That being said, there are a few things that are off. As a person with a pretty small tolerance for info-dumping I found the beginning to be a little like even dismissing the recaps for the first book. Another problem that I had is with our protagonist, Anne (I still adore her though) and her friendship with her friend Chelsea. For someone she calls her best friend, Anne never talks to Chelsea and only mentions her in passing. I wanted more from this friendship because Chelsea is part of the old Anne, the one that I’m sure many people want to know more about and I felt let down by this. Hopefully her best friend is in the last book.

Nonetheless, this book is still great. I loved the writing, it’s still as smooth as ever and the romance isn’t in your face. It’s a lot laid back than I thought, only finding cracks in the story to seep into. Although I’m team Brent, the romances with both guys are really well done. Another thing that I enjoyed about the story is the action because it isn’t boring and there’s a constant stream of it with not too much planning. The characters for the most part are great, Anne is a lot wilder and committed than ever (she punches a guy in the face to defend her friend!). The problems that I had in the first novel are pretty much gone in this one. Remy feels a lot more real, letting her past and emotions through this time. Moreover, the sarcasm is so good! It’s not constant that it feels annoying nor is it far between that it feels forced. It’s perfection.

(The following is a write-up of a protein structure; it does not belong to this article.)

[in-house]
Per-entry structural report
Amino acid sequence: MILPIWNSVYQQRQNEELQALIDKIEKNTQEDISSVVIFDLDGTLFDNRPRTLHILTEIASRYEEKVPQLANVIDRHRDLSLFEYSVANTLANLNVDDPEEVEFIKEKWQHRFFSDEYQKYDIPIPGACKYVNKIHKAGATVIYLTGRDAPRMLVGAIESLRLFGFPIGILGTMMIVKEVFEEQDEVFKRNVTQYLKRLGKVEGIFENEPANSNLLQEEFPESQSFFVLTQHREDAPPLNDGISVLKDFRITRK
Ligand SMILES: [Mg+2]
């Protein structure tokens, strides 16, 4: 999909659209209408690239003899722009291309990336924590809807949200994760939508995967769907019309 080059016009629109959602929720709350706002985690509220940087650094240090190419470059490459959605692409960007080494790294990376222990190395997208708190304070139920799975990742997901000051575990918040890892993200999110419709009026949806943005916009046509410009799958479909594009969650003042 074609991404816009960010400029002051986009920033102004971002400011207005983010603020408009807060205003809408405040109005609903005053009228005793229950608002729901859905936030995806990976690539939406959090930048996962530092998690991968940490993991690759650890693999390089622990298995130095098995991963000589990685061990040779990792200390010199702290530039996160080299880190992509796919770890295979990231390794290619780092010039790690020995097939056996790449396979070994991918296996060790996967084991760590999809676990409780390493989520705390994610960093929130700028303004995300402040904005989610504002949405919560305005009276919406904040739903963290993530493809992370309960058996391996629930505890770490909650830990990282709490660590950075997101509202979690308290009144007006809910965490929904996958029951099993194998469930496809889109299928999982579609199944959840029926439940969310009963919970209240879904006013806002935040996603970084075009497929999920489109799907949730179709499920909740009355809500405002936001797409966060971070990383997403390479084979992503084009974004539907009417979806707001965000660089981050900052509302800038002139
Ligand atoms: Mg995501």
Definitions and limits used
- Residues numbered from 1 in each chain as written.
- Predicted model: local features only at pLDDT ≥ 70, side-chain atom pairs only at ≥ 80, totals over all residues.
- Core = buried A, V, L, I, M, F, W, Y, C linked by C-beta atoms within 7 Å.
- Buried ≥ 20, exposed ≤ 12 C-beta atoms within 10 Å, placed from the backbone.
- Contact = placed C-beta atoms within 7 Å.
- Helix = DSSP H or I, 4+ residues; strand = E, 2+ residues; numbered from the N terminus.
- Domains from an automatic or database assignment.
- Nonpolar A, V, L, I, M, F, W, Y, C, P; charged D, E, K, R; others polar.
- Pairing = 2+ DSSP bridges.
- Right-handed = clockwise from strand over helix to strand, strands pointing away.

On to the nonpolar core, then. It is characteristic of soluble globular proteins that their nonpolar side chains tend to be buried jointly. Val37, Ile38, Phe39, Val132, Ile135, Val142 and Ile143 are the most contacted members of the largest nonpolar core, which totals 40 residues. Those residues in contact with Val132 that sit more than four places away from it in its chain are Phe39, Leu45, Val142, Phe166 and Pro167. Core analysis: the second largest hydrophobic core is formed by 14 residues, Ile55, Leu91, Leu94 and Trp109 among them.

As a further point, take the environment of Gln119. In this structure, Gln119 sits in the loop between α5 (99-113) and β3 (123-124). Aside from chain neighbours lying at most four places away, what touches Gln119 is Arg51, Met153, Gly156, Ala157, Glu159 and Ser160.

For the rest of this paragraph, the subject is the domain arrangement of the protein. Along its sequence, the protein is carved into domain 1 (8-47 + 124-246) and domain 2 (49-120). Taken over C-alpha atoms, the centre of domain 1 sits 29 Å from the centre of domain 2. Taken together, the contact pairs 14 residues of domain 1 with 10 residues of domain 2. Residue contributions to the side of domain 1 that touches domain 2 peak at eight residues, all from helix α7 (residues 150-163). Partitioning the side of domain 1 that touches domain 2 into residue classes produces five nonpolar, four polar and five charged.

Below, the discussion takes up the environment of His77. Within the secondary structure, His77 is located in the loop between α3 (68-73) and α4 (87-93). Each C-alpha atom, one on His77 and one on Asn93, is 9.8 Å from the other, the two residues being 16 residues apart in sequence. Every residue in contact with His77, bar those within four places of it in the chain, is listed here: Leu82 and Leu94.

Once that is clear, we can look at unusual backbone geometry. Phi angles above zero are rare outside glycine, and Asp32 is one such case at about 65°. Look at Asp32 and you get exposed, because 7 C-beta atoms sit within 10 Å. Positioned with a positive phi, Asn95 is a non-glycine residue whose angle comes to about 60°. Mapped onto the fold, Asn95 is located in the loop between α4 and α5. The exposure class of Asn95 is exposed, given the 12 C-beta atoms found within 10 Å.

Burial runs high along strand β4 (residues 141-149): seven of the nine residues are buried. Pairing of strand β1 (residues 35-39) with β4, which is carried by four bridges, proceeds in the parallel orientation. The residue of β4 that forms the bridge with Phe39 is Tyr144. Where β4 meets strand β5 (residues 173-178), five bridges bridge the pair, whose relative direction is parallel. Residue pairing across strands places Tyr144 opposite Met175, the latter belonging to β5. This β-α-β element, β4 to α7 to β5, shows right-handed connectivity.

Wicked little Secrets is pretty intense but in a more fun than dark way. The ending will keep readers at the edge of their seats and craving for the last one. I recommend this series to anyone looking for a thriller that isn’t boring and straightforward. I’m hoping that the last one is just as good.

4 Dreamy Clouds
4 Dreamy Clouds

Book Review: The Secrets of Lily Graves by Sarah Strohmeyer

18635076The Secrets of Lily Graves by Sarah Strohmeyer

Publisher: Balzer + Bray

Genre: Mystery and Young Adult

Release Date: May 13, 2014

Pages: 304 (Paperback)

good good

Growing up in a house of female morticians, Lily Graves knows all about buried secrets. She knows that perfect senior-class president Erin Donohue isn’t what she seems. She knows why Erin’s ex-boyfriend, hot football player Matt Houser, broke up with her. And she also knows that, even though she says she and Matt are just friends, there is something brewing between them—something Erin definitely did not like.

But secrets, even ones that are long-buried, have a way of returning to haunt their keeper.

So when Erin is found dead the day after attacking Lily in a jealous rage, Lily’s and Matt’s safe little lives, and the lives of everyone in their town of Potsdam, begin to unravel. And their relationship—which grew from innocent after-school tutoring sessions to late-night clandestine rendezvous—makes them both suspects.

As her world crumbles around her, Lily must figure out the difference between truth and deception, genuine love and a web of lies. And she must do it quickly, before the killer claims another victim.

First of all, I would like to thank the publisher, Balzer + Bray for giving me an ARC of this book to review. Thank you so much! Really appreciate it! All right, now for my review. opinion The worst kinds of books are the ones that start out promising and then just decide not to deliver anything good in the end. The Secrets of Lily Graves is that kind of book. It starts out pretty good, there’s a creepy girl who likes to hang out in the cemetery and wear black all day with a dark sense of humour. The author could have made this novel fucking golden yet decided that she wanted an idiot main character who does stupid things because she’s in love with a stupid boy. All in all, don’t read this because you will be let down depending on how much you enjoy different main characters.